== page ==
The staff of The Daily Princetonian did not fare particularly well. Riding an inspired performance by associate sports editor Jack Rogers, the journalists took down Shere Kahn with relative ease. However, in the next round a numerically-superior Orange Key squad managed to dissect the ‘Prince’ with a decisive victory.
Advice to future teams: If you’re looking to make a run, don’t rely too heavily on in-house talent. Due to the short-order nature of tournament logistics, assembling a squad through ListServ communication will not fill out a court.
Published less than a month after the $167 million grossing “Dodgeball: A True Underdog Story,” a 2004 Washington Post article described the explosion of interest in the schoolyard activity turned sport. Players quoted in the article, entitled “All Grown Up, Dodgeball Hurtles Toward a Higher Popularity,” spoke of their endeavor with a certain level of professionalism, including knowledge of the precise dimensions of the regulation ball.
The marathon intramural event lends itself to a certain prevailing attitude: there’s no shame in defeat, and there’s no shame in victory.
Some participants found a great deal of success getting in the ears and heads of officials. Decisions were, in every instance, unclear. They had no basis in objective fact, but rather were founded in the prevalence of loud opinions. In dodgeball, the small differences in perceived ability that separate teams will likely not, in reality, prove decisive. At that point, in the generally chaotic atmosphere, the mostly indescribable drive to win determines the champion.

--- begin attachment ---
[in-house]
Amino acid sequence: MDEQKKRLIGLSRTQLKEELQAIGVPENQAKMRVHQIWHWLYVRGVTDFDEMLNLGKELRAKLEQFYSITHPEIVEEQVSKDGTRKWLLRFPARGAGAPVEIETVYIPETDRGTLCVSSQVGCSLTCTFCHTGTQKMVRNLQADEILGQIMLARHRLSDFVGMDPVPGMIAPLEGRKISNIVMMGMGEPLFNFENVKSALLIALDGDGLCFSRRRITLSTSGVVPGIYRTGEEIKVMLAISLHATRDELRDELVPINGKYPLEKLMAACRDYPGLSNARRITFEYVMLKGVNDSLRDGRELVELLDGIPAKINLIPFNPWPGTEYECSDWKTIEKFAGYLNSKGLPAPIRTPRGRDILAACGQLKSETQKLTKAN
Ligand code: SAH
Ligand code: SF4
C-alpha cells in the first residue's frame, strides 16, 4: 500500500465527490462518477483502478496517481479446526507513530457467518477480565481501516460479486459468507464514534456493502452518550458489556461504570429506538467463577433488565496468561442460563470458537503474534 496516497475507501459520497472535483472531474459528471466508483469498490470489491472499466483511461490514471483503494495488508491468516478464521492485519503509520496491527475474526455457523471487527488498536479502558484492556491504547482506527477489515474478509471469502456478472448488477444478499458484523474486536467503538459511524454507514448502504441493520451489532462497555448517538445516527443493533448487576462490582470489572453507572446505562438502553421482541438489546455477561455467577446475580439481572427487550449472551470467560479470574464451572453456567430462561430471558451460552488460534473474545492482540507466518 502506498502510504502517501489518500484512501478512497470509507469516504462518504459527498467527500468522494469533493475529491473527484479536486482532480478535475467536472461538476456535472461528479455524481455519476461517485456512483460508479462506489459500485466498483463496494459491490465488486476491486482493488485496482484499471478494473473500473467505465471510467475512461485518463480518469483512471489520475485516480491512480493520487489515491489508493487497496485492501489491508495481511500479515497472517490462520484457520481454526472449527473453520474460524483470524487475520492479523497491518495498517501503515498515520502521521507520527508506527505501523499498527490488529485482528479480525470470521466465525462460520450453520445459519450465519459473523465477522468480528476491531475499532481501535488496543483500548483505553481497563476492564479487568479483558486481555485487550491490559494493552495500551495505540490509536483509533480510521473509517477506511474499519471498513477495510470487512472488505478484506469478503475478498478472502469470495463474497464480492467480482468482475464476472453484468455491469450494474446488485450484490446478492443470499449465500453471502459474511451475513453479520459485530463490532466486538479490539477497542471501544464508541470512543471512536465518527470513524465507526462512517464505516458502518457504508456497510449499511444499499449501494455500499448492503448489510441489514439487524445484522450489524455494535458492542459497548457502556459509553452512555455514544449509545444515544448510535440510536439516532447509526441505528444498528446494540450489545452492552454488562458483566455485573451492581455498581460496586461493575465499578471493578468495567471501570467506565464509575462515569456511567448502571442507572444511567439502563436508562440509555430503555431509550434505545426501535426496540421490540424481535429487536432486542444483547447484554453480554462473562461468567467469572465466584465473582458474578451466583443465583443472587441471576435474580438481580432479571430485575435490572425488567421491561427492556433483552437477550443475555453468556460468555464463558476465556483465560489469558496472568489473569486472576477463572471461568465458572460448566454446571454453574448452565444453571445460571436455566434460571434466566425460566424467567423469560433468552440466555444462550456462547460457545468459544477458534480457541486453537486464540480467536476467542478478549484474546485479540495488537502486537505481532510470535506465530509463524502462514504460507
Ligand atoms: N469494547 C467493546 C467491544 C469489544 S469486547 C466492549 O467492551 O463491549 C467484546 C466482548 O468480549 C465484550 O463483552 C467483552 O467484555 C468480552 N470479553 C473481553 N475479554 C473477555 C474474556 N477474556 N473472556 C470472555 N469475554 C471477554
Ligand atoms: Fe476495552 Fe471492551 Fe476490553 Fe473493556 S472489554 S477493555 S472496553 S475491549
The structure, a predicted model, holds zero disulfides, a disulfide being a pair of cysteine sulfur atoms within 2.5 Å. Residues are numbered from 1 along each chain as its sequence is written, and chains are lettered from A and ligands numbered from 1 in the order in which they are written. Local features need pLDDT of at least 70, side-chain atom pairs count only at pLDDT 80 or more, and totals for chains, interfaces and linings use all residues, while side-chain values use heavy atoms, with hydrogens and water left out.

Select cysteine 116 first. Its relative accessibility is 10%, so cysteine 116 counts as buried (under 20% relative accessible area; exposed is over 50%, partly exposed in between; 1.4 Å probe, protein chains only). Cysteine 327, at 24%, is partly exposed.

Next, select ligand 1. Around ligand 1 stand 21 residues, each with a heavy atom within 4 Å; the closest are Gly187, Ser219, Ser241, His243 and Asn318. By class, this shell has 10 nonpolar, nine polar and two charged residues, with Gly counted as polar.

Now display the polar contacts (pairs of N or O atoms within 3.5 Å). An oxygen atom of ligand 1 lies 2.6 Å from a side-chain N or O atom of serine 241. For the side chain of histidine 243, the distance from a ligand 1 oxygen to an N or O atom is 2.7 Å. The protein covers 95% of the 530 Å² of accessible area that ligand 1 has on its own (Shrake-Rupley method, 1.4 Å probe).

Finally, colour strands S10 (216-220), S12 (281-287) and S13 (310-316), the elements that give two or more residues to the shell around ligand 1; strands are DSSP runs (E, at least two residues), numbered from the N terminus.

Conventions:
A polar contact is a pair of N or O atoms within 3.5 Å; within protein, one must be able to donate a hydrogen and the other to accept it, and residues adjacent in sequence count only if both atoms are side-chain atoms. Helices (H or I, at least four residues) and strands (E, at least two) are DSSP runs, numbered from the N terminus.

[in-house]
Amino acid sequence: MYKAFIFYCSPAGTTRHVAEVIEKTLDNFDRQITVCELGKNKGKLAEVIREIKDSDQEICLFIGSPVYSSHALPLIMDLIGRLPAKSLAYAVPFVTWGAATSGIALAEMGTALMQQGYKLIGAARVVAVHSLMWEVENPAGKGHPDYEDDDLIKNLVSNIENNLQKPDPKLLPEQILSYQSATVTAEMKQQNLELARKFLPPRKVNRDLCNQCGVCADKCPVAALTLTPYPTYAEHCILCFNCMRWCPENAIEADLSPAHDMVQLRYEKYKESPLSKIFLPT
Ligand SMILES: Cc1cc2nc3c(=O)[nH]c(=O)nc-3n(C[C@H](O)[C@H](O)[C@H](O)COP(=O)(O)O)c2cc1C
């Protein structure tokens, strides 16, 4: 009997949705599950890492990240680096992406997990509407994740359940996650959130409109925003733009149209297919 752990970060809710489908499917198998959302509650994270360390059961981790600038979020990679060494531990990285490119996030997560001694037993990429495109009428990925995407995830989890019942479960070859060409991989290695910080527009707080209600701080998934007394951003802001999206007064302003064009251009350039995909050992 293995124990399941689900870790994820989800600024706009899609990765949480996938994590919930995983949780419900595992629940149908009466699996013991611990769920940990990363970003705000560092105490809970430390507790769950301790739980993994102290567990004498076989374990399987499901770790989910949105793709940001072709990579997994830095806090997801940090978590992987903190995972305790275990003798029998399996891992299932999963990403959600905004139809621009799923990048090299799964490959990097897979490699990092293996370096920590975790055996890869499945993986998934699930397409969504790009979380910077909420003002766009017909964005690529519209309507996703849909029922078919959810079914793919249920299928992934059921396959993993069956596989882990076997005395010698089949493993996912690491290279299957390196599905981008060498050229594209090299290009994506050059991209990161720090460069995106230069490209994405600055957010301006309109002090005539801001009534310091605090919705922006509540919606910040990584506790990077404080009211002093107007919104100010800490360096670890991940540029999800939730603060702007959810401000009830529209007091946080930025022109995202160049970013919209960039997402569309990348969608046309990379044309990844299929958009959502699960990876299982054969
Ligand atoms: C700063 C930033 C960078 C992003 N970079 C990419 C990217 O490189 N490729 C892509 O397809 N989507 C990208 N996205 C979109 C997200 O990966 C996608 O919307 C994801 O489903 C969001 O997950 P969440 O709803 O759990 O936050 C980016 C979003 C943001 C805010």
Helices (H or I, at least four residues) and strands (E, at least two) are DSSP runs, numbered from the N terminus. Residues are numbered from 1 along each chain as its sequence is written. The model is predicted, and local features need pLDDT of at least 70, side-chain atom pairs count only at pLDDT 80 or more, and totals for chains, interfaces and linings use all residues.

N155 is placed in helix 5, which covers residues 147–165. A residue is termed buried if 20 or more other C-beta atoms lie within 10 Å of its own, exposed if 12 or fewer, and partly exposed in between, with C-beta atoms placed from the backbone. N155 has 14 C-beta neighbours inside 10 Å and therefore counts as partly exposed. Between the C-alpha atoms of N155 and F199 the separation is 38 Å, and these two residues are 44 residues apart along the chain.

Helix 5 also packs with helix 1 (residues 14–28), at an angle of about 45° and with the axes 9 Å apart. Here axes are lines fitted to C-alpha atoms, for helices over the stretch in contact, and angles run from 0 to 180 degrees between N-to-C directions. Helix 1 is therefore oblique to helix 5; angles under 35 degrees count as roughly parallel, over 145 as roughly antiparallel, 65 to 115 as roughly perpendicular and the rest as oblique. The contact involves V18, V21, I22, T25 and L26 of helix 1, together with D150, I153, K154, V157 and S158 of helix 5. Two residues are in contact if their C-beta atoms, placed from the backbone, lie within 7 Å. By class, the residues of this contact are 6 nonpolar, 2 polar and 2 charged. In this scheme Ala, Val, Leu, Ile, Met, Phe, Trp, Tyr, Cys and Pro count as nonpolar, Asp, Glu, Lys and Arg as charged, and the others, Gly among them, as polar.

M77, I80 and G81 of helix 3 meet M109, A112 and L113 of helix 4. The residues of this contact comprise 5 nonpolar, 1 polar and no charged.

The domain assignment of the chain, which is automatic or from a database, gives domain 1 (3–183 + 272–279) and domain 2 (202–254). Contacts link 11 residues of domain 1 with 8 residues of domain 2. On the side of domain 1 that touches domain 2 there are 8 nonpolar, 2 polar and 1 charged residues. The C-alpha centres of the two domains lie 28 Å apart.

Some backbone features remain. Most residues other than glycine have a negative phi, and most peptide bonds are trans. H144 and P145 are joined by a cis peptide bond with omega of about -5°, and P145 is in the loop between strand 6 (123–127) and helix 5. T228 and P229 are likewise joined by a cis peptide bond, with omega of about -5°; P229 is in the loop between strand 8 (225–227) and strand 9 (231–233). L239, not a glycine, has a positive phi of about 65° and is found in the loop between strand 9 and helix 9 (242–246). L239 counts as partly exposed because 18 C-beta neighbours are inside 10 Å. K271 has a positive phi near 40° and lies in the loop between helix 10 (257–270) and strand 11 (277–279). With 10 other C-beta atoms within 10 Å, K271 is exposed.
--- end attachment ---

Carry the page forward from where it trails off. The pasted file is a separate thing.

In the most cynical display of dodgeball since… actually, there isn’t much or any history to draw on here. Regardless, the Tiger Inn squad faced down a severe numerical disadvantage against the Cap & Gown Club in the huge bracket final. By a pregame agreement between captains and referees, the game would feature both sides in their entirety for ten minutes, followed by, if necessary, a 10-on-10 sudden death. TI’s leadership realized that they could not overcome Cap’s size.
As a result, they selected a squad of 10 outstanding shooters, who took seats in a corner of the court in order to avoid the opposing club’s barrage. Perez, fairly confident that he would not get out, used his crouching technique to survive in a similar manner.
Once the 10 minutes had elapsed, the TI core was able to dispatch Cap’s assembled squad.
Under the particular set of pressures that IM dodgeball furnishes, the spirit and letter of the law become conflated and, soon after, disregarded.
Internet writer Giovanni Francesco Valentino — whose name is some sort of a cross between fashion designer and Italian Renaissance artists — posted a personal analysis of dodgeball on his blog, “Exaggerated Rants and Strange Musings,” which aimed at the more common understanding of the activity as a means of flexing athletic prowess. In the 2013 rant/musing, he wrote “I never liked the game of dodge ball. I found it to be a giant waste of time. I thought it was just an excuse to let the jocks bean the nerds with a large red ball. So, I never wanted to play, and when we did, I took the game quite literally. I dodged the ball. Just dodged the ball.”
Just about any other sporting event will have more integrity. But none will test my understanding of what a sport is more than the Annual Princeton Dodgeball Tournament.